Sermons

Summary: Exposition of Acts 6:8-15 about the character of Stephen

Text: Acts 6:8-15, Title: What Angels Look Like, Date/Place: NRBC, 10/07/07, AM

A. Opening illustration: tell about the Rick Gage Crusade in TN, tell a little bit about George Whitfield as an example from his biography – p. 98 & 105,

B. Background to passage: Coming off the selection of seven men to handle the church’s benevolence ministry, the church was still rapidly growing and ministering to thousands, transforming a whole city. But as Satan usually does, he sets his sights upon God’s man of the hour to destroy him. And so we see the beginning of a story that stretches over to the beginning of chapter eight, and has much further reaching implications and effects.

C. Main thought: Today our text reflects the character of a man that would become the first Christian martyr.

A. Deep Communion (v. 5, 8)

1. From the previous passage we know that Stephen is a man of great faith and also full of the Holy Spirit. Here we learn that he is full of grace and power; and that an apostolic like ministry was his lot as well. To be filled with the Spirit as a regular occurrence and be considered a man full of faith, grace, and divine power, one must have a close walk with Jesus. Stephen had a lot of parallels with Jesus because he was close to Jesus and shared a deep fellowship and communion with his Master.

2. John 15:4, Gal 2:20, Col 2:6, Ps 42:1, 63:1-2, 84:9-10,

3. Illustration: I remember the first time that I saw Ronnie Owens overcome by the presence of God in his prayer time in the old tobacco barn that we slept in…Ravi Zacharias states, "What is the difference between companionship and communion? In companionship with God we come to Him recognizing our limit of strength. In communion with God we stay with Him, recognizing our depth of spirit. In companionship with God we long to see and understand. In communion with God we long to feel and belong. Those who seek companionship without communion seek power without commitment, a display without dedication, and proof without love." Speaking of prayer, “It is duty, yet is one that rises far above and goes beyond the ordinary implications of the term. It is the expression of a relationship with God, a yearning for divine communion. It is the outward an upward flow of the inner life toward its original fountain. It is a statement of the soul’s origin, a claiming of sonship that links man to the eternal. Prayer has everything to do with molding the soul into the image of God. It also has everything to do with the elevating and enlarging the measure of divine grace. It has everything to do with bringing the sold into complete communion with God. It has everything to do with enriching, broadening, and maturing the soul’s experience of God.” –E. M. Bounds, On New Year’s Eve 1739, John Wesley, George Whitefield, and some of their friends held a “love feast” which became a watch night of prayer to see the New Year in. At about 3 a.m., Wesley wrote, “the power of God came mightily upon us, insomuch that many cried for exceeding joy, and many fell to the ground.” Revival always begins with a restoration of the sense of the closeness of the Holy One.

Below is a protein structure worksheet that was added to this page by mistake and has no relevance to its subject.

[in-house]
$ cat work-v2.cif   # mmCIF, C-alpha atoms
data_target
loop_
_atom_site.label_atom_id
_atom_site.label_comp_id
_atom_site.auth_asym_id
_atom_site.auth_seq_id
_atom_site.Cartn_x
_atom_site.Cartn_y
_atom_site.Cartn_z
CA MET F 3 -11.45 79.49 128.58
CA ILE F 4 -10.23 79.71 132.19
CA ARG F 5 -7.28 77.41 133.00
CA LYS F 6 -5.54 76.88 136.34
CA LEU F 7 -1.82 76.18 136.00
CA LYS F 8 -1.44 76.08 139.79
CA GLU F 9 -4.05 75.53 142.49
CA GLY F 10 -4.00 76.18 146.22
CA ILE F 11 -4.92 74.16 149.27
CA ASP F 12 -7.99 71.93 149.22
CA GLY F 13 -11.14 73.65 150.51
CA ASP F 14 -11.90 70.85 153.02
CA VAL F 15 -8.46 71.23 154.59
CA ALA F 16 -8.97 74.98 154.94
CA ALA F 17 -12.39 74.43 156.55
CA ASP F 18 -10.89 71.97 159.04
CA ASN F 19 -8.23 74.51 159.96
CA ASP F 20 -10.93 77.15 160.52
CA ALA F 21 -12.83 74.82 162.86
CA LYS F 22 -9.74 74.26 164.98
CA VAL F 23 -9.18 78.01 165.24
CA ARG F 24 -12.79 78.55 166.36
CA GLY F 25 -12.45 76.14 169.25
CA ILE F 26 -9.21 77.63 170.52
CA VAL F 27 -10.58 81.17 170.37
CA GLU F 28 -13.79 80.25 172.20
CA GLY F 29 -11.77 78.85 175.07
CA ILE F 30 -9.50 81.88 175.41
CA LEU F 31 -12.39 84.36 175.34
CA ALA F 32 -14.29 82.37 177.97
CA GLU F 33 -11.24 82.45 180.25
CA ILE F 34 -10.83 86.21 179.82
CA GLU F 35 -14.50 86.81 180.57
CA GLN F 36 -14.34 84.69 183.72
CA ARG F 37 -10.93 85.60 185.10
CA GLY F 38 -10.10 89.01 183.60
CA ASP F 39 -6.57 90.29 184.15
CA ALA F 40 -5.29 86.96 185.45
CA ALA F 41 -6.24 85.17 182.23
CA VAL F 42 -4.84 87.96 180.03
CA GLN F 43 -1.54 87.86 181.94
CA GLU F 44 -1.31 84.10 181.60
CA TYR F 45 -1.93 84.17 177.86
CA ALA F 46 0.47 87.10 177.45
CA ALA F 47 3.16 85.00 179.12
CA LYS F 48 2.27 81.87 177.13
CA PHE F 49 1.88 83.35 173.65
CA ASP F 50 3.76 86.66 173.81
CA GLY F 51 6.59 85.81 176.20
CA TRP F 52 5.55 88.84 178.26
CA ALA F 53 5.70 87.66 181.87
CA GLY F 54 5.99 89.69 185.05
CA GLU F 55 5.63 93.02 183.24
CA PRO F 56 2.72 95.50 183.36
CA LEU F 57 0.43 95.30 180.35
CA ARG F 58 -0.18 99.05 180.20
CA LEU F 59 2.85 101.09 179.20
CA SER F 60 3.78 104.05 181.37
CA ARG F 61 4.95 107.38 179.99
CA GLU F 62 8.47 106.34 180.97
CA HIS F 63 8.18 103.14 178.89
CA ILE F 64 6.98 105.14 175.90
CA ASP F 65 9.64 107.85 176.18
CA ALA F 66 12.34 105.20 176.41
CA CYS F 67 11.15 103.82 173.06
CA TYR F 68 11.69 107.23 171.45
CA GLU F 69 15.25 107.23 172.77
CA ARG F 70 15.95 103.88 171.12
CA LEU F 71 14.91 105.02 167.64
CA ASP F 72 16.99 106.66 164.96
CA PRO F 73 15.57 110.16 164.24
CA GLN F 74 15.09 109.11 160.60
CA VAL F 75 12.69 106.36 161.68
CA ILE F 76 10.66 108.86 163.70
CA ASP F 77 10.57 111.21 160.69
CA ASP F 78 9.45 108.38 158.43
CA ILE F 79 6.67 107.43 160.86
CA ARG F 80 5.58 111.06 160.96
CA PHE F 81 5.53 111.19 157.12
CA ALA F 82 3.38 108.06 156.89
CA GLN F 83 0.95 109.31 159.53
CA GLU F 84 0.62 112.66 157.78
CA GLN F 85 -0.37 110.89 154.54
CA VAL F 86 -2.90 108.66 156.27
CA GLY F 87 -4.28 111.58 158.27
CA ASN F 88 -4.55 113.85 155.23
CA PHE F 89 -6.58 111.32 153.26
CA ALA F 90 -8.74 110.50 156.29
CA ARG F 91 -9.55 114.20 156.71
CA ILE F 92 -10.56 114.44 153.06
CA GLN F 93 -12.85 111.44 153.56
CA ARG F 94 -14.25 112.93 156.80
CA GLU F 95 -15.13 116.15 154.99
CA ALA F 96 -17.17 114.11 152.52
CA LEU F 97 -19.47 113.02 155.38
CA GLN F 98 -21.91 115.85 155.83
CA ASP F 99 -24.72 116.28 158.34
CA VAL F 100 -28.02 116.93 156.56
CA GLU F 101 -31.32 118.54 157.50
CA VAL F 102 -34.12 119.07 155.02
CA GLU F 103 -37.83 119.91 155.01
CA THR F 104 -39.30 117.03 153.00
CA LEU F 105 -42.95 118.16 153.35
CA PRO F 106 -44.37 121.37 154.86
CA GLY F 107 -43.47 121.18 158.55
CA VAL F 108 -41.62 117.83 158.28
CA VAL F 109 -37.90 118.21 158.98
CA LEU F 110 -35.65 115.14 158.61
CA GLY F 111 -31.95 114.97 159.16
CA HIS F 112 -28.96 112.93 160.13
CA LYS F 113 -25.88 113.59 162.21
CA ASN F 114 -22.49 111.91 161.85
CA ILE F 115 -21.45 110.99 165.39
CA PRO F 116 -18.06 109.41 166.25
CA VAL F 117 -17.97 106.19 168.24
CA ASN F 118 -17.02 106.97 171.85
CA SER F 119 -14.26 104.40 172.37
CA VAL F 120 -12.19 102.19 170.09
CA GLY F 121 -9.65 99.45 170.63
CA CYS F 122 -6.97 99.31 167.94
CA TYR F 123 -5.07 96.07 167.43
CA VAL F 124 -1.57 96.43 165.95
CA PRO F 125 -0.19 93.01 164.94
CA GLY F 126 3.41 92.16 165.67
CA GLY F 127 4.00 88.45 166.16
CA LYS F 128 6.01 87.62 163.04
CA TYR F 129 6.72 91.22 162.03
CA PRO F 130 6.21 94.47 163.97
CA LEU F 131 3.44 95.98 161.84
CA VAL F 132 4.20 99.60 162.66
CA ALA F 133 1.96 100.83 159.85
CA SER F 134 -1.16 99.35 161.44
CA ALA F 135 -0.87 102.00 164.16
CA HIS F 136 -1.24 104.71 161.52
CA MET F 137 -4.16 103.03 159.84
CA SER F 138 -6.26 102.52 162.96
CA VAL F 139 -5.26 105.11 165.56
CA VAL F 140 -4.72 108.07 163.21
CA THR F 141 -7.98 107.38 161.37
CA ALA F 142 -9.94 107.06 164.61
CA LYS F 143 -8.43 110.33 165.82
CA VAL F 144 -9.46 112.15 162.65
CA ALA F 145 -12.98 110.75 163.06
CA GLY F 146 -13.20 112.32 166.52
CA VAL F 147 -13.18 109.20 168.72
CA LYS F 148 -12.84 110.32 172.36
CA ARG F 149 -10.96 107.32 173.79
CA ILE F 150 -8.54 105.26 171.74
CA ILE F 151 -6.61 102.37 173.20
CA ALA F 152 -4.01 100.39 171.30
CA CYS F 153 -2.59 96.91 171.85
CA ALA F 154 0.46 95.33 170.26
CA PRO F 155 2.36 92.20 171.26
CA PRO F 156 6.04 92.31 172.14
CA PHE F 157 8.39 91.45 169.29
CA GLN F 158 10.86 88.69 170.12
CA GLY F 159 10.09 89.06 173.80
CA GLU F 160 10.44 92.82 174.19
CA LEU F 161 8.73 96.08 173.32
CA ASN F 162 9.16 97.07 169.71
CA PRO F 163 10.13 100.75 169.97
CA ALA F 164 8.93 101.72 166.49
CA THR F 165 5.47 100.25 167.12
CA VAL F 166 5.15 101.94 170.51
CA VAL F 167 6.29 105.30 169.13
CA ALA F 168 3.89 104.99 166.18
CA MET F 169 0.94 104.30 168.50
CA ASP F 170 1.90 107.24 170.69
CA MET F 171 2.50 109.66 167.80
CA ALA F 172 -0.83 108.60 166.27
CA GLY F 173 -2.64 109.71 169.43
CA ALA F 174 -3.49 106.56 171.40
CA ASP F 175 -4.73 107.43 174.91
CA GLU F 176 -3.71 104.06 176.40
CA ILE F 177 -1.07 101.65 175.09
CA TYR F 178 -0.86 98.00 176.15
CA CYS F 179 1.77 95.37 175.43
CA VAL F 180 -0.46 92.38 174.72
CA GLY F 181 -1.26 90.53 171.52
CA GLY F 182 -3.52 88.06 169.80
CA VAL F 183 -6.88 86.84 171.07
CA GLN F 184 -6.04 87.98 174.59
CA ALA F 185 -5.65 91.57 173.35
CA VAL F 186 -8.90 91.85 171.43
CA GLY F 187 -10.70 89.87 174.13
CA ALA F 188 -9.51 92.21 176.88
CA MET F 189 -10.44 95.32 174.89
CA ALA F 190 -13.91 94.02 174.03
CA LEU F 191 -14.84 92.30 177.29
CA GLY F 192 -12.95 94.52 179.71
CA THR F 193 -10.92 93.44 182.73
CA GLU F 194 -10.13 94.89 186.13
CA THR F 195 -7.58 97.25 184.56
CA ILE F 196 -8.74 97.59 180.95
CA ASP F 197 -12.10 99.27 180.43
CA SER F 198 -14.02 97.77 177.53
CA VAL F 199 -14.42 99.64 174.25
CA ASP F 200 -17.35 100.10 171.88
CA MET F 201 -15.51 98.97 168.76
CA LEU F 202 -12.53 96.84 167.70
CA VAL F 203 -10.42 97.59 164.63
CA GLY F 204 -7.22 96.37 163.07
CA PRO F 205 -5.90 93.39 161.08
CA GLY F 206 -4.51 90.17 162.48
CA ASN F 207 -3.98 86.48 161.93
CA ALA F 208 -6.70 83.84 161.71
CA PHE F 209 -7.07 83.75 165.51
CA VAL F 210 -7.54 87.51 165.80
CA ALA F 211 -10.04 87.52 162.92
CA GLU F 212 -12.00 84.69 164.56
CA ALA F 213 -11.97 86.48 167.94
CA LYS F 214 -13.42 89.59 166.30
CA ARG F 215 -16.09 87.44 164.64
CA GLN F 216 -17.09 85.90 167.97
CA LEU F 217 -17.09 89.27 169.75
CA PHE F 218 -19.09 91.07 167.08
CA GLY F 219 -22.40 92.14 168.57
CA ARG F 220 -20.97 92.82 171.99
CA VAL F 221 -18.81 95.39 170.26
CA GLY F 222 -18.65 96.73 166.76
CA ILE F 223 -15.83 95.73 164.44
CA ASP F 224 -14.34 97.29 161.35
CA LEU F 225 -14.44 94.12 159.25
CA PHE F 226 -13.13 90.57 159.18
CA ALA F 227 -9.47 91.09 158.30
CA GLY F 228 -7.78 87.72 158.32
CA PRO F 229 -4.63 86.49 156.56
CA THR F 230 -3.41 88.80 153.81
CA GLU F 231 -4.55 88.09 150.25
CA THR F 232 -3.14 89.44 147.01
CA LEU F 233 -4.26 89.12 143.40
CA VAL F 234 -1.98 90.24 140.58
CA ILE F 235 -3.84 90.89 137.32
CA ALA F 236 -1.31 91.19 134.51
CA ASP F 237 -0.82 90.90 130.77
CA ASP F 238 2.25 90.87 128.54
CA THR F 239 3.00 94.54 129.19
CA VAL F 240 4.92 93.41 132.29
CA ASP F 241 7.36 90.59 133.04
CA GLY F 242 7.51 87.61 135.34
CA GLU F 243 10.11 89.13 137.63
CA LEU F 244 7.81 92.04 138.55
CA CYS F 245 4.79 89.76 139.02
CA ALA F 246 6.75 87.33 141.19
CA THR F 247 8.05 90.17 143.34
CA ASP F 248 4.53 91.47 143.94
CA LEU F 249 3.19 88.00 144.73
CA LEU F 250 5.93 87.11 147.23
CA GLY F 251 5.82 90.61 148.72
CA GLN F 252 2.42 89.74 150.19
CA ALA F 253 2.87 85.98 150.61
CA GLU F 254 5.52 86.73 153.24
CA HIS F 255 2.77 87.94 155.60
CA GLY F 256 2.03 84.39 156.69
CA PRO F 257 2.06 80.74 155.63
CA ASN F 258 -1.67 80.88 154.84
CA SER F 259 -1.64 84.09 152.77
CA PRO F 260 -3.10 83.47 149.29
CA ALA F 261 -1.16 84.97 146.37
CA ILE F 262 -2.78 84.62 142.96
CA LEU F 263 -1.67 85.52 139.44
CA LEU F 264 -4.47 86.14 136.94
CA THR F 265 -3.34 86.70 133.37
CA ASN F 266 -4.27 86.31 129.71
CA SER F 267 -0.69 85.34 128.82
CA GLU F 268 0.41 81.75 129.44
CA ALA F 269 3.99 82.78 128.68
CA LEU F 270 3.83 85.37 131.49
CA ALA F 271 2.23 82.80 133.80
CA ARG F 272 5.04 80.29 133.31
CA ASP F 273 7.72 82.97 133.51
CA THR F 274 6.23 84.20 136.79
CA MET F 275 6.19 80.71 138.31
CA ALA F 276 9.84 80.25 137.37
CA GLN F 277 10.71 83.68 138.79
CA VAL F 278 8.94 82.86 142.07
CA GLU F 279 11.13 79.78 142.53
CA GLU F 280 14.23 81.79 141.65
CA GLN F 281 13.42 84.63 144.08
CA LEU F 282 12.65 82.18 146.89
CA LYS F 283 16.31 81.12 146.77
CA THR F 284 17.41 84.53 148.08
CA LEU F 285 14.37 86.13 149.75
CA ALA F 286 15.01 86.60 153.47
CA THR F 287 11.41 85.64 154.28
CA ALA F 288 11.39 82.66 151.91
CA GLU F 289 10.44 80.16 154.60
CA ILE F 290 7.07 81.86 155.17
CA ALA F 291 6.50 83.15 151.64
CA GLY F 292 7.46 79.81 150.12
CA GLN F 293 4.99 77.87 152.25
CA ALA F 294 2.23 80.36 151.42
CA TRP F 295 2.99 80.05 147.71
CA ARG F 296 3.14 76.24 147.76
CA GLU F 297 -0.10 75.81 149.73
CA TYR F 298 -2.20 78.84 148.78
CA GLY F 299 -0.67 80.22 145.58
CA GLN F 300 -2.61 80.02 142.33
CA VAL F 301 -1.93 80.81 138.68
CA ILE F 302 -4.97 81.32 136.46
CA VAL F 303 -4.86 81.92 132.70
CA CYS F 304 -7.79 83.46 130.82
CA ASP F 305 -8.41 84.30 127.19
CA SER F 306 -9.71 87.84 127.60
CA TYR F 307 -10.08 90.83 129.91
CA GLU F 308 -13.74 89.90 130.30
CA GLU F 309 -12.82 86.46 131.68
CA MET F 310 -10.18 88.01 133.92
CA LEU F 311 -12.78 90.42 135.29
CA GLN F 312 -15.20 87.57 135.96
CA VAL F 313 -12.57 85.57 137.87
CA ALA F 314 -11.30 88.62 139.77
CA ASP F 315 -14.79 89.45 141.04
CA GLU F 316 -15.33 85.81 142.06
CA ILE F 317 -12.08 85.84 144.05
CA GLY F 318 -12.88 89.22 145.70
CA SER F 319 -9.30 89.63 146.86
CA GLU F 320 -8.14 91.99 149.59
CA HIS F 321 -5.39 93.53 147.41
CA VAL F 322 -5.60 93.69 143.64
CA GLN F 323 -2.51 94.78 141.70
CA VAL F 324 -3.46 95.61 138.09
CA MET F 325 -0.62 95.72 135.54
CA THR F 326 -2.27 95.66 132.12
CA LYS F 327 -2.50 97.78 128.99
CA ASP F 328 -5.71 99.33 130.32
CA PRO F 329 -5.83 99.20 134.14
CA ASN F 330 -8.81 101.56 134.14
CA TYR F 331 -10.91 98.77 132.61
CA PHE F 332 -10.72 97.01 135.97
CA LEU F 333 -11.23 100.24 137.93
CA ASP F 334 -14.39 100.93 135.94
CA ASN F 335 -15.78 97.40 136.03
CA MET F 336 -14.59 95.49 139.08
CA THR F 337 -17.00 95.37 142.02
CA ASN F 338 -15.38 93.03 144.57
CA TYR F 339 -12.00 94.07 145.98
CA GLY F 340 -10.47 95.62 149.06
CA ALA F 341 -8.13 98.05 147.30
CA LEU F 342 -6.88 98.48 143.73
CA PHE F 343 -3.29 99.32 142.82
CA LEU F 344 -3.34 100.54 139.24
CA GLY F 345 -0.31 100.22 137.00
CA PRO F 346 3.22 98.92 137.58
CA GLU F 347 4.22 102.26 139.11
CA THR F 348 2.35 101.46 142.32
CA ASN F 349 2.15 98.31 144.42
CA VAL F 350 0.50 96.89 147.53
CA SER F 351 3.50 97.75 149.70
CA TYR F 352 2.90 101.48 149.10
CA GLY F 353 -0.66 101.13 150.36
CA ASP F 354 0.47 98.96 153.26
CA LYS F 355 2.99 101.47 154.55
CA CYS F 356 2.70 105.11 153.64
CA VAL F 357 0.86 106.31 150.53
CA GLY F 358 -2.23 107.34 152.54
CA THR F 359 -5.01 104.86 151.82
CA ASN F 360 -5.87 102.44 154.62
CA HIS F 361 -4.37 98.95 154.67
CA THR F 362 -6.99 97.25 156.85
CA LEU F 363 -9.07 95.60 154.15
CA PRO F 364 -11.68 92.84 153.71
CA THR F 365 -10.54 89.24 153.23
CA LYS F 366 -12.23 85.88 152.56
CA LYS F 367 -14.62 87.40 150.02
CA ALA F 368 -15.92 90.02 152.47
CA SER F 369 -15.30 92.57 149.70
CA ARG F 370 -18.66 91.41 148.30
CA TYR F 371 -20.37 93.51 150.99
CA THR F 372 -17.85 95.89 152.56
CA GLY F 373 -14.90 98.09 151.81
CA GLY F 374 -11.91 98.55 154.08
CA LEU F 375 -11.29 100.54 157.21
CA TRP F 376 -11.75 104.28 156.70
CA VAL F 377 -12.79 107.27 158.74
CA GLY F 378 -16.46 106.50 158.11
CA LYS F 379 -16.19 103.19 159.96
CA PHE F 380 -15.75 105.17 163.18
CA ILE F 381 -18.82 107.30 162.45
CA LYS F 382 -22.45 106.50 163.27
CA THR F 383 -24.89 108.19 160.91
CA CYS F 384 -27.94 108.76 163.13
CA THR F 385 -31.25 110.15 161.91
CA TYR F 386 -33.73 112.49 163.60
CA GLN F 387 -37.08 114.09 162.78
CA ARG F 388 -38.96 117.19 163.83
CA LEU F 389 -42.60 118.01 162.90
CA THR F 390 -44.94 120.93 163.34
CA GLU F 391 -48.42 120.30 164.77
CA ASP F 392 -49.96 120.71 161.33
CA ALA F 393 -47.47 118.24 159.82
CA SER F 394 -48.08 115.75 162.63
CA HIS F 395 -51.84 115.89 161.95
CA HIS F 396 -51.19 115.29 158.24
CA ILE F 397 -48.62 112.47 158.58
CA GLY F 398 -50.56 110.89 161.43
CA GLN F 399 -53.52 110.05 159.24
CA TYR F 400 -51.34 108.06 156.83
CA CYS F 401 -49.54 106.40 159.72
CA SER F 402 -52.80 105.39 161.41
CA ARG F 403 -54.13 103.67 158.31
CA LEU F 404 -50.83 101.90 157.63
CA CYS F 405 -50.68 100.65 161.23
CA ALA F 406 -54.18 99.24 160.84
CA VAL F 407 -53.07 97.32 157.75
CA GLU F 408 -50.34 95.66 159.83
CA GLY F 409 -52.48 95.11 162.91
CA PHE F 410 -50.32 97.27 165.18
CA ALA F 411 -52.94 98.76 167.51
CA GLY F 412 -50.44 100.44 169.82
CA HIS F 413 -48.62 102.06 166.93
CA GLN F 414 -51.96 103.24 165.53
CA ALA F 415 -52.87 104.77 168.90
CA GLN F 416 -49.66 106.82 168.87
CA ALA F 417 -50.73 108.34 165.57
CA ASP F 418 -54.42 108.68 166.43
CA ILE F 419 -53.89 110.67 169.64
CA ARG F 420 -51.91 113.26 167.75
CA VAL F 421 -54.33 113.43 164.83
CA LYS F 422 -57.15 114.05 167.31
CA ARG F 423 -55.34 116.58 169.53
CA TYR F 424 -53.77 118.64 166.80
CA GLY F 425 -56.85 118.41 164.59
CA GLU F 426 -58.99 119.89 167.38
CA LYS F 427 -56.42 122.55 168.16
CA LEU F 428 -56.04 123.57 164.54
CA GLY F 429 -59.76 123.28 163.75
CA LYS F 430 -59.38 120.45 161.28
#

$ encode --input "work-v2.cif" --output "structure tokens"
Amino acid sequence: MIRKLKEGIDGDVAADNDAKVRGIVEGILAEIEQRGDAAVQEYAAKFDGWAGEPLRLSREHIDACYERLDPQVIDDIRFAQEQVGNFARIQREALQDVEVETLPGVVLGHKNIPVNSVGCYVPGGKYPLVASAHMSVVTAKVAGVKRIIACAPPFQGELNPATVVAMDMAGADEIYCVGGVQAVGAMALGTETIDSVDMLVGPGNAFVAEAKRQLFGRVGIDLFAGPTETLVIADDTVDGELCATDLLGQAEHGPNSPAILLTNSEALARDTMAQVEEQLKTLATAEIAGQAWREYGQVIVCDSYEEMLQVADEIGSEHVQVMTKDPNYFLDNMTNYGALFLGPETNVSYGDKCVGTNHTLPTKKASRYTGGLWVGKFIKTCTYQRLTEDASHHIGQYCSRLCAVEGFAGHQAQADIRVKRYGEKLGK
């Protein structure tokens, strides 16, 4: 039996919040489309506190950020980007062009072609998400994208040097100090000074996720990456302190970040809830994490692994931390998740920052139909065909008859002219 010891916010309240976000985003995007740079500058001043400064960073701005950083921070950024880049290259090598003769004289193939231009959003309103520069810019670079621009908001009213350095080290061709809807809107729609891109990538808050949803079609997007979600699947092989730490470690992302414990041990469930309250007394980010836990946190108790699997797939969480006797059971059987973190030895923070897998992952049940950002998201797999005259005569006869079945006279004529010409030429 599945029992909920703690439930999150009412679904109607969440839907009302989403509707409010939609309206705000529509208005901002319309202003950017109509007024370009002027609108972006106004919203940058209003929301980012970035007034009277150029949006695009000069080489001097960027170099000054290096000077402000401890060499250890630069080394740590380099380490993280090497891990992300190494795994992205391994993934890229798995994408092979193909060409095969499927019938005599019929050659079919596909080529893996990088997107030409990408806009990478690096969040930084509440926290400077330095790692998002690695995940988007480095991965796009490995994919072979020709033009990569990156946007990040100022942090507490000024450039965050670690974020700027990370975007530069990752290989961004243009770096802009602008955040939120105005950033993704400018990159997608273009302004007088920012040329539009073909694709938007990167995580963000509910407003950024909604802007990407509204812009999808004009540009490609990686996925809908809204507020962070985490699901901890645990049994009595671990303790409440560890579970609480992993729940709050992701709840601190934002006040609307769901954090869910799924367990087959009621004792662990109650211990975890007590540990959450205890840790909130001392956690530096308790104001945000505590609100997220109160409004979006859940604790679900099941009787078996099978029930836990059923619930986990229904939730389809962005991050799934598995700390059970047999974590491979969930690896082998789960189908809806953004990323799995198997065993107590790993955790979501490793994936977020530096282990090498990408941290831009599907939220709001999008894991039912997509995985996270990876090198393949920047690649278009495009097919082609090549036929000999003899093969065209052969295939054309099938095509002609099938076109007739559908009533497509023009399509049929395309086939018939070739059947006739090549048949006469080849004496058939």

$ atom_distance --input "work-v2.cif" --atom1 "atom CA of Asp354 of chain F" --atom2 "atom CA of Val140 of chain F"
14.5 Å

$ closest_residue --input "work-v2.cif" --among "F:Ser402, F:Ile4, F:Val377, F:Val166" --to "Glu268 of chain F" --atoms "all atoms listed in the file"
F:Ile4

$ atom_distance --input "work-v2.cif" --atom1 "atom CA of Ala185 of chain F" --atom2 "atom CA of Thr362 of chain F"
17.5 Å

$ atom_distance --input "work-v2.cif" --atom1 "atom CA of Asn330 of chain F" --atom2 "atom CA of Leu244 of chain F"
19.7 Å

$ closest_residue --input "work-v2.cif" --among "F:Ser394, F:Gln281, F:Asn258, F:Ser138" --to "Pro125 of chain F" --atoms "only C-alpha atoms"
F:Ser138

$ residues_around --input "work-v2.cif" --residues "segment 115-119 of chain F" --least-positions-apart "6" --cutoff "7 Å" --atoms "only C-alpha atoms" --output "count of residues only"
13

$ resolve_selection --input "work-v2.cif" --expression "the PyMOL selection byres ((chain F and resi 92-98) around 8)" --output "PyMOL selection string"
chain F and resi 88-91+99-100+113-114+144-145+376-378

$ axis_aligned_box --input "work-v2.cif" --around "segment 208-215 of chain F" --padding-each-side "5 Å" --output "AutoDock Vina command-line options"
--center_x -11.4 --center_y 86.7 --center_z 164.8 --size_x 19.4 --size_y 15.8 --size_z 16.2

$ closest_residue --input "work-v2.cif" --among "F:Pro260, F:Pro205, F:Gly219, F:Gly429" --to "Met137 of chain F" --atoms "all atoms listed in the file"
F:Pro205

4. This is probably the most neglected thought of evangelical Christianity. We talk a lot about going to church, serving the Lord, about the music style, or the preaching content or quality, about church growth or lack thereof, but seldom do we talk about our closeness to Jesus in real terms. And it is hard to quantify, and therefore we can’t really brag about it. But you know it when you are around someone who walks close to Jesus. Desiring Him is really important, but so is the action of pursuing and communing with Him. We know the cliché that says our faith is about a relationship, not religion; but do we really put the time into the relationship. Do you have a closeness with Jesus? The people that God uses the most are the ones that know him the closest (not from a knowledge standpoint, but from a relationship one). In fact sometimes I think that we are so scared of emotions and emotionalism, that we have turned fact into a hollow mental or intellectual assent in which there is no “real relationship.” And the scary part is that we have many among the ranks of the church that have never made anything other than an intellectual decision—they have never sold all that they have for the love of their newly found Treasure. Do you love Him? Desire Him? Do you want Him? Do you pray? Just a few at prayer meeting, because of all the other important things besides prayer, and fewer still at special times of prayer.

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